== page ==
What They Say:
Ema Hinata is lonely. As an only child and the daughter of a famous explorer, for most of her life her closest companion has been Juli, her talking pet squirrel. But her father is getting remarried, and her new family is… a little unorthodox. Now, she’s got 13 gorgeous guys as her stepbrothers, and they’re all after her heart! But is romance what she wants, or is it family?
Contains episodes 1-12 plus Special 12.5 and 2 OVAs.
The audio presentation for this series brings us the original Japanese language track as well as the newly created English language adaptation. The show is one that is essentially all about the dialogue as there aren’t even a lot of wacky hijinks along the way to take it up a notch. But in this realm, it does handle things well as there’s some good placement to be had depending on how many characters are on screen at any given time and occasional some depth associated with it as well because of the same. The combination of this with the incidental music and sound effects makes for a solid presentation overall, though again, because it’s all about the dialogue it’s not going to stand out in a big way. Both tracks are encoded well with no problems such as dropouts or distortions during regular playback.
Originally airing in 2013 with a few specials that came out in 2014 and 2015, the transfer for this show is presented in its original aspect ratio of 1.78:1 in 1080p using the AVC codec. The fifteen episodes are spread across two discs with ten on the first and the remainder on the second; it’s worth noting that the 12.5 episode is really just a half-length episode, so it’s not three OVAs of full length included. Animated by Brain’s Base, the series has a beautiful look about it with a rich design across the board. The characters have some solid designs about them with detail and color while also existing in a world where it’s given the kind of depth it needs to feel real and lived in. The transfer brings this to life in a great way with what it does here as colors pop while having a very solid field and there are no problems in the various panning sequences. The fluidity of the animation in key scenes is strong as well, making this a really appealing show to just get absorbed into for the quality of the animation and the clarity through which its encoded.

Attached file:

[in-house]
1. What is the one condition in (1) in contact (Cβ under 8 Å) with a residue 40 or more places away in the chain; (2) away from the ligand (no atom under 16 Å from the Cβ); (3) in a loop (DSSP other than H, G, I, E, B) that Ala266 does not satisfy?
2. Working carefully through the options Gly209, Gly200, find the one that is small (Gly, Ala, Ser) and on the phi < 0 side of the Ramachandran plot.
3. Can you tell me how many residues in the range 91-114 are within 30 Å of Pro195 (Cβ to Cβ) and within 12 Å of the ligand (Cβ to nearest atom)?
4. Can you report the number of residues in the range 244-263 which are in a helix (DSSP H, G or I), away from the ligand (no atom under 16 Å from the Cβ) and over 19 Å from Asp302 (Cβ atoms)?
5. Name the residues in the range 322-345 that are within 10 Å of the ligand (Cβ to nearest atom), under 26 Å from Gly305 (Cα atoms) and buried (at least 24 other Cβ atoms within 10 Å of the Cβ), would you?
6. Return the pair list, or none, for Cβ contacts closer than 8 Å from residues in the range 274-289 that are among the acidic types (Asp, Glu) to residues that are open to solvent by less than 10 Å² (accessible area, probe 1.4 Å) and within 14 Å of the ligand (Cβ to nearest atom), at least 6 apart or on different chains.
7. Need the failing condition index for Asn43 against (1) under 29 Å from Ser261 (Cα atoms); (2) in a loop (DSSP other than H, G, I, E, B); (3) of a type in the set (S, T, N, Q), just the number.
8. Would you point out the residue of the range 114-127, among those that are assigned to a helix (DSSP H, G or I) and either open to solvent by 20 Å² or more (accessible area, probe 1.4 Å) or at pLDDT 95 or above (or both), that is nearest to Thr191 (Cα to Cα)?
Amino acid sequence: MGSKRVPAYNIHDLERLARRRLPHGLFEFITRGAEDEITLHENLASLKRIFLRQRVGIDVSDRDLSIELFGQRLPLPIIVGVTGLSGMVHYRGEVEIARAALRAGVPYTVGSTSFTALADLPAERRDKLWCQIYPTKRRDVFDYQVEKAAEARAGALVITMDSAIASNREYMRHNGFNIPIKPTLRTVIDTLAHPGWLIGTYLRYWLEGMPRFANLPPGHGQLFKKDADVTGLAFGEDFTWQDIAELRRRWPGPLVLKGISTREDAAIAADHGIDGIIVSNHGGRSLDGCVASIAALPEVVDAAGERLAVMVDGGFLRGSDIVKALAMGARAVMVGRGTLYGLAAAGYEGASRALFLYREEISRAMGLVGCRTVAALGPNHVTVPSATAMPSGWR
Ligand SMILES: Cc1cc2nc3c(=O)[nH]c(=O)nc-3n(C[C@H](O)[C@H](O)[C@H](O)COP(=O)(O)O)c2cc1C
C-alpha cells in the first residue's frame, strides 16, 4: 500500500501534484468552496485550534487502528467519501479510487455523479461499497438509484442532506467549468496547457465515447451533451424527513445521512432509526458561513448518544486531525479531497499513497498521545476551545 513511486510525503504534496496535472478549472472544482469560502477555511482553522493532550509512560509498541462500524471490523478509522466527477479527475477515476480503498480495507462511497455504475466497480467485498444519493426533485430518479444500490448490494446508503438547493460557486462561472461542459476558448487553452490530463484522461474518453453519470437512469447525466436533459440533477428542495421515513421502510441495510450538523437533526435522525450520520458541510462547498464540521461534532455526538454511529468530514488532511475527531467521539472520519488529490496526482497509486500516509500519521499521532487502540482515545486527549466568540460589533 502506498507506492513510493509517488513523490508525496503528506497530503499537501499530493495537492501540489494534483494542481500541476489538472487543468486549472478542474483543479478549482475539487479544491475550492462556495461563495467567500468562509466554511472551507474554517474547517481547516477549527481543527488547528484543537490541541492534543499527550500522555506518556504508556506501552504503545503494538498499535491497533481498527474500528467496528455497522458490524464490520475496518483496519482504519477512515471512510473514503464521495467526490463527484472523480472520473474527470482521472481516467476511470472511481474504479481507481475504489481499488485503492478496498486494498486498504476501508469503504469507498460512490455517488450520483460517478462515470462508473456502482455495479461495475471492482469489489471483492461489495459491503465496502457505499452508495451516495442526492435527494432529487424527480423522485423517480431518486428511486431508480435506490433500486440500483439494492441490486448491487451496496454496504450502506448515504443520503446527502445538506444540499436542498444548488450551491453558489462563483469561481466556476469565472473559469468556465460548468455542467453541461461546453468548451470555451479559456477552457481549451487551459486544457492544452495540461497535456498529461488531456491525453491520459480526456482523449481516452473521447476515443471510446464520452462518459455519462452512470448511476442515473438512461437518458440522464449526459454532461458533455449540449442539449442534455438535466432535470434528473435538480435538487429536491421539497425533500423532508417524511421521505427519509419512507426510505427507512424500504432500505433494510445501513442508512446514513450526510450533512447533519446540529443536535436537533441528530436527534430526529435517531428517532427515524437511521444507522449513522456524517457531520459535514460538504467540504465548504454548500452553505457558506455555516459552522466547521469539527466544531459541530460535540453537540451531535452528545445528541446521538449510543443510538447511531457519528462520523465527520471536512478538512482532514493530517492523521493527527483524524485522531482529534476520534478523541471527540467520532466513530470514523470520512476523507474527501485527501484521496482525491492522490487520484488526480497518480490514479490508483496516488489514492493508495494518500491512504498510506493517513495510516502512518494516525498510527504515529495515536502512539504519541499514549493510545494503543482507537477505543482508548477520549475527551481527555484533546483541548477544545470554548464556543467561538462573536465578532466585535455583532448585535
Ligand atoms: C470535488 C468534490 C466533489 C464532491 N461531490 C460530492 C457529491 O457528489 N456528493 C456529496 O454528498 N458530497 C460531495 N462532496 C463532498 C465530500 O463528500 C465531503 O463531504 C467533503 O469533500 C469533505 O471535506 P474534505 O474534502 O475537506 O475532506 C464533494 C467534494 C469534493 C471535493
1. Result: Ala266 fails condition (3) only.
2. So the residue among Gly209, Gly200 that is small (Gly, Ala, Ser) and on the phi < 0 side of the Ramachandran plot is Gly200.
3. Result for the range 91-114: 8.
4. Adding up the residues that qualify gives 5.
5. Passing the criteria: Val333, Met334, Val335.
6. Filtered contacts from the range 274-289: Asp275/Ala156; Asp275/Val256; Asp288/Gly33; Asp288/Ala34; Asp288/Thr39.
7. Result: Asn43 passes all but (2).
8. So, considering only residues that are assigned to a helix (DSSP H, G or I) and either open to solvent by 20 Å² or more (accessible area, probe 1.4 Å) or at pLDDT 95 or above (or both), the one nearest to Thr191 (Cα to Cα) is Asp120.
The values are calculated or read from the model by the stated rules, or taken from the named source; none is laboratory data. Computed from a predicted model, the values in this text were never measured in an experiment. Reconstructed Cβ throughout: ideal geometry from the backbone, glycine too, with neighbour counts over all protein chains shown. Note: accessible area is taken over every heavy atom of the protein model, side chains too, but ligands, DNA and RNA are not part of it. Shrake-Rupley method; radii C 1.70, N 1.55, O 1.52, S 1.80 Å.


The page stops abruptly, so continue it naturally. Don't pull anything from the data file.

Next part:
The Essentials edition of this release essentially takes what we had with the previous one but slims it down a bit, ejecting the DVDs and sticking with just the Blu-ray discs. The front cover puts Ema right in the middle while ringing all the boys around her and it’s surprisingly workable with the graph design behind them where the logo sits. That provides the right kind of pop while taking you away from looking at the sheer number of men involved in this reverse harem series. The character artwork works well enough though some of it feels a little softer than it should, but the general pop of color and design makes the whole thing eye-catching. The release is a little unlike some of the other Essentials where they list the Blu-ray stripe along the top as we get just the grey Essentials stripe since it’s such a busy cover. It is a Blu-ray release that does come with a digital as well. The back cover goes for an all pink piece that’s properly colorful and it uses the same artwork of Ema as the front cover, just larger and set to the left. The premise is kept incredibly simple on the right and we get a decent breakdown of the extras. While we do get the listing of the OVAs in the technical section, which is all listed clearly, there really needed to be a better mention of that elsewhere to give the ‘added value’ element the right kind of pop. While no show related inserts are included, we do get artwork on the reverse side of all the brothers side by side that’s colorful and fun.